Teen dystopian about selling personal debt that raises some interesting questions.
Genre: Y/A, Science Fiction, Dystopia, LGBT
No. of pages: 384
Knox was born into one of the City’s wealthiest families. A Patron, he has everything a boy could possibly want—the latest tech, the coolest clothes, and a Proxy to take all his punishments. When Knox breaks a vase, Syd is beaten. When Knox plays a practical joke, Syd is forced to haul rocks. And when Knox crashes a car, killing one of his friends, Syd is branded and sentenced to death.
Syd is a Proxy. His life is not his own.
Then again, neither is Knox’s. Knox and Syd have more in common than either would guess. So when Knox and Syd realize that the only way to beat the system is to save each other, they flee. Yet Knox’s father is no ordinary Patron, and Syd is no ordinary Proxy. The ensuing cross-country chase will uncover a secret society of rebels, test both boys’ resolve, and shine a blinding light onto a world of those who owe and those who pay. Some debts, it turns out, cannot be repaid.
A great hook. ‘Proxy’ is fabulously paced with some great action scenes and kept me riveted from start to finish.
A minor issue I found around the main characters becoming a little annoying over time. I wanted them to grow. Become a little more mature in the light of the challenges they faced. When certain reactions and tone of their narrative became repetitive it impeded the chance to establish a strong emotional connection, and destroyed some relevance to me as a reader.
However, I liked that ‘Proxy’ wasn’t focused on a romance storyline and had a gay protagonist. But I wanted a bit more of a personal connection with Syd other than him just trying to save his life. I wanted some fun and anxiety to make him more relatable, heck a fart joke would’ve make a huge difference.
Knox was bothersome through most of the novel and I wasn’t quite convinced of his motivations, I feel there could have been a stronger underlying motive added to give more strength and conviction to his character. He felt superfluous- until he wasn’t. I understand he starts out as superficial due to his every whim being catered for, but I wanted a stronger sense of drive for his character – social status, street cred, ambition – something for me to really sink my teeth into.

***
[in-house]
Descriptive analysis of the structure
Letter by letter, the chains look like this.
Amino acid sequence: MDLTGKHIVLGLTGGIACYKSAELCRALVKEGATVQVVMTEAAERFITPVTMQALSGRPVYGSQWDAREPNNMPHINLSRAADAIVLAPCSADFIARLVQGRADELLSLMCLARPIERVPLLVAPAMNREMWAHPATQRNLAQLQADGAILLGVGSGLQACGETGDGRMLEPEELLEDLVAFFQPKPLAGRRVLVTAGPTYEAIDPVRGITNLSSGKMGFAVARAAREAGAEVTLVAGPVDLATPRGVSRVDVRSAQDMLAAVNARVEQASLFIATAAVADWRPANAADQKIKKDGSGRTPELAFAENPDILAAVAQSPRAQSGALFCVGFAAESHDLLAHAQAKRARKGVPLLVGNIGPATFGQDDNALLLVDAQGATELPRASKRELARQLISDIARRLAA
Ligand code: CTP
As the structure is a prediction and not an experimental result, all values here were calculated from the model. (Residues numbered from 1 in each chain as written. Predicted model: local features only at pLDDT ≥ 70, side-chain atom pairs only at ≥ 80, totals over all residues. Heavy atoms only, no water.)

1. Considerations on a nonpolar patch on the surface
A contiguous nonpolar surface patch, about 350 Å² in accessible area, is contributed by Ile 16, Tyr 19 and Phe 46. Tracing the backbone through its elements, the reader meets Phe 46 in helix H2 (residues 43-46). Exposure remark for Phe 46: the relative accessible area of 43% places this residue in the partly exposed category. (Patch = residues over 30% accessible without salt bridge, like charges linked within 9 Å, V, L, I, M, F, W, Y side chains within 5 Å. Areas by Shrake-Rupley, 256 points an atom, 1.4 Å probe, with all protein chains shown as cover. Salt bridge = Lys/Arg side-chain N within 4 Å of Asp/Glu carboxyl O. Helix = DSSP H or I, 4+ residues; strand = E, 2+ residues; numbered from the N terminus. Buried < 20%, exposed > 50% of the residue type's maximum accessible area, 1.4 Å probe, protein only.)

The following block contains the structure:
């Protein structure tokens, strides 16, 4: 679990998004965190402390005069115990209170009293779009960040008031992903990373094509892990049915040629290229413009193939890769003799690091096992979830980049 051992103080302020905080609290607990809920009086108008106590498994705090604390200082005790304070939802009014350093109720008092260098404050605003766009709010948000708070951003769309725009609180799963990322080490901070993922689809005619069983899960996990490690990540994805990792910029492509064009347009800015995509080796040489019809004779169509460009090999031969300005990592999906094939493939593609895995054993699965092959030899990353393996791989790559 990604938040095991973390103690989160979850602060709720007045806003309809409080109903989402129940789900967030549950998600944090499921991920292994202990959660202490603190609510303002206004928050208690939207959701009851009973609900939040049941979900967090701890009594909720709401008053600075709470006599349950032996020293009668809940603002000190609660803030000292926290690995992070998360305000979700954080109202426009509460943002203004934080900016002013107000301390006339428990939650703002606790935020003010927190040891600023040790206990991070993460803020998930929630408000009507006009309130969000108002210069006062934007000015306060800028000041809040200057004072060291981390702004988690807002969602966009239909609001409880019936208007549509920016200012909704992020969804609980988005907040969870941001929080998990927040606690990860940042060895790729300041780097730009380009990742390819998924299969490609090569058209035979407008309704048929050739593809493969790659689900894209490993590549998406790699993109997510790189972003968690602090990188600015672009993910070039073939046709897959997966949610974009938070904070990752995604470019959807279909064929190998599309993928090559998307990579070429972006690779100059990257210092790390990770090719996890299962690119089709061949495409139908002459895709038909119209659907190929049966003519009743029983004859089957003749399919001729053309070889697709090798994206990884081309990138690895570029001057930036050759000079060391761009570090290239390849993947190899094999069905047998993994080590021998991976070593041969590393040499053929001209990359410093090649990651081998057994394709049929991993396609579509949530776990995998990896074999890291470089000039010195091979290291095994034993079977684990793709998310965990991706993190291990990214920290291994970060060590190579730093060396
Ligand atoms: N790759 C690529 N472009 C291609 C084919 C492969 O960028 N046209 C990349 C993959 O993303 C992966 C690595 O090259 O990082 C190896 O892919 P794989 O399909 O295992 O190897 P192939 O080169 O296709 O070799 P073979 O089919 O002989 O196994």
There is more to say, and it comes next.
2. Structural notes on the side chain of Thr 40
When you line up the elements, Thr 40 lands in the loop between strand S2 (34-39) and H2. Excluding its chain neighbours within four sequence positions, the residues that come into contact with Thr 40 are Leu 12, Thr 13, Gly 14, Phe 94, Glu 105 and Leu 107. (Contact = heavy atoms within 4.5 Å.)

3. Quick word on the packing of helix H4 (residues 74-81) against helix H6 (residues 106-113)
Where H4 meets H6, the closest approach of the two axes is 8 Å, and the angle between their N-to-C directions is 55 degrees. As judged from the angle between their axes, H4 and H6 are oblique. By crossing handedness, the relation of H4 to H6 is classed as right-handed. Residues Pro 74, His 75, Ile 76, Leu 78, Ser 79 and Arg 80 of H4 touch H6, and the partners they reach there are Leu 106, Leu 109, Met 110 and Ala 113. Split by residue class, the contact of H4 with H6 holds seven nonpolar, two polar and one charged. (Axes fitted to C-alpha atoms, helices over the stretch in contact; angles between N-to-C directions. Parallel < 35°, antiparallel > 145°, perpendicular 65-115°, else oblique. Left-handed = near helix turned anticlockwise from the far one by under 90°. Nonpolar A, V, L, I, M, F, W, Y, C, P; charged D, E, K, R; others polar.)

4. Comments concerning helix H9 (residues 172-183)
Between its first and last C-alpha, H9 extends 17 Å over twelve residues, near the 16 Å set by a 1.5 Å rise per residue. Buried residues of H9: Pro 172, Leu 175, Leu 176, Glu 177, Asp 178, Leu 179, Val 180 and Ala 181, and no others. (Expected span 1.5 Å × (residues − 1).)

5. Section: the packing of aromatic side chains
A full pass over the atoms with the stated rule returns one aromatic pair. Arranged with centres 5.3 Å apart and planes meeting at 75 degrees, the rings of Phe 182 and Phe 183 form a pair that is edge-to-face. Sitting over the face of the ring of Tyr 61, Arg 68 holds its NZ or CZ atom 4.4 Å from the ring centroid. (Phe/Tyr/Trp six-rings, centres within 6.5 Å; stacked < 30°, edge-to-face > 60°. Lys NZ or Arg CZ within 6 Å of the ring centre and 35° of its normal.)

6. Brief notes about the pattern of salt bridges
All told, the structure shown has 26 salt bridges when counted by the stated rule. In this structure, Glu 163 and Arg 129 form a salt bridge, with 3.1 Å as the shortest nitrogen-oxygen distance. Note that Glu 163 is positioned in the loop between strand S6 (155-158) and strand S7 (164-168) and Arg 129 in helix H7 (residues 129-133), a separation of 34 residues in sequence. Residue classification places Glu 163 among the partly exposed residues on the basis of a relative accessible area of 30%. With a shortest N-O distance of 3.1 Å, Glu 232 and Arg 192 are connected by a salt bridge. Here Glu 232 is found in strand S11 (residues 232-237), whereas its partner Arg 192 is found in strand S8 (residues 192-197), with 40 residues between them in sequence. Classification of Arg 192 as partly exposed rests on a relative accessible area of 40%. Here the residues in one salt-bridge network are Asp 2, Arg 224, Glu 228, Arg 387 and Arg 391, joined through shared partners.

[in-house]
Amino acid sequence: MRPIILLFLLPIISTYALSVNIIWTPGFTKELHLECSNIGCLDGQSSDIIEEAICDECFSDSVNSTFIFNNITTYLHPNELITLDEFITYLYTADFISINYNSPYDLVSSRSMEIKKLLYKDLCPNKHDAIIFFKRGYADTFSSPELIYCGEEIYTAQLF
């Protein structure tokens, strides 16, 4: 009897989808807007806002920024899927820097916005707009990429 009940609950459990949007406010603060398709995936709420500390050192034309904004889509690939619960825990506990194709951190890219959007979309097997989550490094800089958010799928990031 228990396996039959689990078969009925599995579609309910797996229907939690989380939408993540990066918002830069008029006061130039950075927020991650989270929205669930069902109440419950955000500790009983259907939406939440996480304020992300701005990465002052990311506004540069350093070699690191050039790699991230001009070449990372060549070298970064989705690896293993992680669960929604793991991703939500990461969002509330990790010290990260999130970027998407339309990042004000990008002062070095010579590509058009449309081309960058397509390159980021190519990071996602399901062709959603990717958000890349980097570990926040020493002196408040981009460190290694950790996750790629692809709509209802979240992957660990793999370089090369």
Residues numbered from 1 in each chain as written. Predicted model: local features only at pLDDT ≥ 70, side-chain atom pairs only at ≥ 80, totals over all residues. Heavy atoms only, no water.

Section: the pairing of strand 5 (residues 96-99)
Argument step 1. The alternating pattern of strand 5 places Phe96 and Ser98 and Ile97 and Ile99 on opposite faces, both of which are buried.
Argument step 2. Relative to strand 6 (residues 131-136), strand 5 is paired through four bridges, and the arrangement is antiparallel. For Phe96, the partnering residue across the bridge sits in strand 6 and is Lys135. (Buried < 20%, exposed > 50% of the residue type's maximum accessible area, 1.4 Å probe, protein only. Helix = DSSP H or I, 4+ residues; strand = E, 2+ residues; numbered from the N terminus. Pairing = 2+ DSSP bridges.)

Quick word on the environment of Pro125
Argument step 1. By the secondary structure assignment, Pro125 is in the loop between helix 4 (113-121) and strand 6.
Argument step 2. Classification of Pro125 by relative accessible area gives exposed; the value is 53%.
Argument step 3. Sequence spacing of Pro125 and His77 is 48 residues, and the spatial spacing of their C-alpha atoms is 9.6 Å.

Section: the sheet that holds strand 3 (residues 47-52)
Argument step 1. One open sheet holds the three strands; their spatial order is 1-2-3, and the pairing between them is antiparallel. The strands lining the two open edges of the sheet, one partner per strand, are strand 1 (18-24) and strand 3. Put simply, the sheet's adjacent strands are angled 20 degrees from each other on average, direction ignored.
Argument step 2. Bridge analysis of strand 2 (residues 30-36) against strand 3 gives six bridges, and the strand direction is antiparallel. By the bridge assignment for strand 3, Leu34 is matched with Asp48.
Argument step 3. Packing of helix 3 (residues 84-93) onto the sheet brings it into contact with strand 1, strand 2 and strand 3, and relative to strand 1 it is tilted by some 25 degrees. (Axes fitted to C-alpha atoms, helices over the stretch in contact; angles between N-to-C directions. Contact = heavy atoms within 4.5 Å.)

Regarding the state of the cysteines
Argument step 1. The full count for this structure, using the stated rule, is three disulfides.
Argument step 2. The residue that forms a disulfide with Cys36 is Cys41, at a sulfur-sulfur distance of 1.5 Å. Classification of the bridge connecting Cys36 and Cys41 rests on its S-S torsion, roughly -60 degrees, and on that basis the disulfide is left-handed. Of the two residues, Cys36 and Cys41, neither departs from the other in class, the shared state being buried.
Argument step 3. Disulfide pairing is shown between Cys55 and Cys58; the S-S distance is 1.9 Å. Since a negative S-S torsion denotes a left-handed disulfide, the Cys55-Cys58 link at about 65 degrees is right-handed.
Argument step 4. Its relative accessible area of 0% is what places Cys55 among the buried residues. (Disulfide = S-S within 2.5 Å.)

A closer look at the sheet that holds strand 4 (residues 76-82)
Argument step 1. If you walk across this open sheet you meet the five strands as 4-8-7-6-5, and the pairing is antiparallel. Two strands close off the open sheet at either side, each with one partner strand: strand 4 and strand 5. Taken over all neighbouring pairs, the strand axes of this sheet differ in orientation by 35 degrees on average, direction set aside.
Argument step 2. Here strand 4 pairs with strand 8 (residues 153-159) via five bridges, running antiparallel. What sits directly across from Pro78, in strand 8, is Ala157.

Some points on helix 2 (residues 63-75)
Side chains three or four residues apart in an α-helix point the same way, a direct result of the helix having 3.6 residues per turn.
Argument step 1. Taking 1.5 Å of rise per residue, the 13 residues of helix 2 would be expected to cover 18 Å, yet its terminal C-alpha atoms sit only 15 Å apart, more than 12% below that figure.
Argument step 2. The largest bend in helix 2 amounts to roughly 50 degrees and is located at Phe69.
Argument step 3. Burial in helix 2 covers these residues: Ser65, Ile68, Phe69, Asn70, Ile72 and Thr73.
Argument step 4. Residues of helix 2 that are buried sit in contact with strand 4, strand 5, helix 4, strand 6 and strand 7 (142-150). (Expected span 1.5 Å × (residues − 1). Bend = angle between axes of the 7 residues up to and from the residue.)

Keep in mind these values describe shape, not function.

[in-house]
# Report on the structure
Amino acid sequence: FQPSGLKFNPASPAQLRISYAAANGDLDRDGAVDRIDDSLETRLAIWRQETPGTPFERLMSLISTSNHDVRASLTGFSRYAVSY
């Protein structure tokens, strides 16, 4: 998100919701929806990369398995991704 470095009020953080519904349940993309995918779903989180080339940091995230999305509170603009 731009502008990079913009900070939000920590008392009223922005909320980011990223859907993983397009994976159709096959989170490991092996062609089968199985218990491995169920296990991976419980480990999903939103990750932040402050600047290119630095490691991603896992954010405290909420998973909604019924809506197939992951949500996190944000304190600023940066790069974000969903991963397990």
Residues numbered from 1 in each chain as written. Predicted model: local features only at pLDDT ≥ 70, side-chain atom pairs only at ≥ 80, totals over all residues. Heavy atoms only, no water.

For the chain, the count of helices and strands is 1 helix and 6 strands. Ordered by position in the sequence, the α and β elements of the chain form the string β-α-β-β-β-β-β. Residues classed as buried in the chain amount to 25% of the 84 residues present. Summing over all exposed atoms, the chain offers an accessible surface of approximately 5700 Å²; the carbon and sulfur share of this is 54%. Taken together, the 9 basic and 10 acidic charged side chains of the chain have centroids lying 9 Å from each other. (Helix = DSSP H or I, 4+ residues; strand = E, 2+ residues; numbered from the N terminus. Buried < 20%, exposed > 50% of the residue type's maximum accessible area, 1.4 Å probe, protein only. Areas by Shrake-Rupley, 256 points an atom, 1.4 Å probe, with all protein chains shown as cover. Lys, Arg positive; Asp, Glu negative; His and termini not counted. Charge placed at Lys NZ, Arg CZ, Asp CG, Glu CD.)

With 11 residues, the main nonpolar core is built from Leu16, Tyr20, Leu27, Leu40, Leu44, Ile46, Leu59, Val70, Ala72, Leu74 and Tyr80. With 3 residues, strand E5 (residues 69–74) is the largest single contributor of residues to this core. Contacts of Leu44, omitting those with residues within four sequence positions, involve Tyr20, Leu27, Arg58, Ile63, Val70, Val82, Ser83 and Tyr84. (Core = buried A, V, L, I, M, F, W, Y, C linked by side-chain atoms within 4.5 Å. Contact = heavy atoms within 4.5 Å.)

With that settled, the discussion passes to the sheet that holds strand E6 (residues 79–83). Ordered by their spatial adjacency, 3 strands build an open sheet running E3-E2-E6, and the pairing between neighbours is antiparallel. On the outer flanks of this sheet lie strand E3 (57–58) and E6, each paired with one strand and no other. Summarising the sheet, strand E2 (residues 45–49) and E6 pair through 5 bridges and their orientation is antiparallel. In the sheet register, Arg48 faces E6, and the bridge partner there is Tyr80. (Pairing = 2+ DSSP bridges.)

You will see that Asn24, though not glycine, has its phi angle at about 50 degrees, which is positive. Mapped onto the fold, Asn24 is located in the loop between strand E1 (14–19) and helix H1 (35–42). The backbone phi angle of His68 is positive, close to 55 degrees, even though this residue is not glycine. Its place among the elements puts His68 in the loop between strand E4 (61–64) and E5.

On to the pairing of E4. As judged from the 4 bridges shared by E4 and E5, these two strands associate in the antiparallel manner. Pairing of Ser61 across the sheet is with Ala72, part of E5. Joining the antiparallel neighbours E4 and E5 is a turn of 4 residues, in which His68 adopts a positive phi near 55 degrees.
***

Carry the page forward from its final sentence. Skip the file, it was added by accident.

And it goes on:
I enjoyed the aspect of teens struggling through a world they didn’t want to be in, wanted to rebel against. I think I was craving that stronger emotional connection to the characters and their mission. More angst. Less triviality. Something to really hammer home the bleakness of the world on an emotional level.
I did find myself questioning Marie’s presence. It felt a tad fabricated at times. I guess it boils down to ‘Proxy’ being a plot driven story and therefore the character driven part is the weaker aspect of the novel. You can feel the author’s hand guiding the story.
The amount of gore, murder, and senseless killing definitely painted a desperate picture of how brutal this world is. The cutthroat struggle for survival, you can definitely see Alex London’s experiences as a journalist reporting from conflict zones supporting this story.
Loved the world building and technology, the class structure. I have questions about how the world came to be, how it developed into what it is, and how things will go after the cliff-hanger at the end of ‘Proxy.’ Now keen to read the sequel ‘Guardian’ asap.
Themes of class, race, power, and sexuality were a great addition to this narrative, but some of it felt disjointed in a technologically advanced civilization. Like gay discrimination just seemed a little redundant. And with the level of genetic manipulation and technological intervention through bloodwork, there would have been a larger evolution in self-expression/adaptation/specialisation to link into the class structure. How beauty standards of today expressed in the novel wouldn’t necessarily be the same in the world of ‘Proxy’ with all this technology at their fingertips. Like more extremes of genetic manipulation and integrated technology would express wealth and stature, and therefore some of the wealthy could seem almost alien.
Alex London’s writing style was effortless, I was able to slip into the imaginary world easily and only got pulled out from some grammatical errors – which his editing team at Philomel Books let him down on. Words out of place or missing. Maybe between 5-10… I feel like London deserves much better.
Wonderfully unpredictable. Though I guessed the twist very early on. It was just a very bumpy ride. Thoroughly enjoyed this – one of the better dystopian novels I’ve read in a while in YA. An active protagonist.
Overall feeling: mildly impressed
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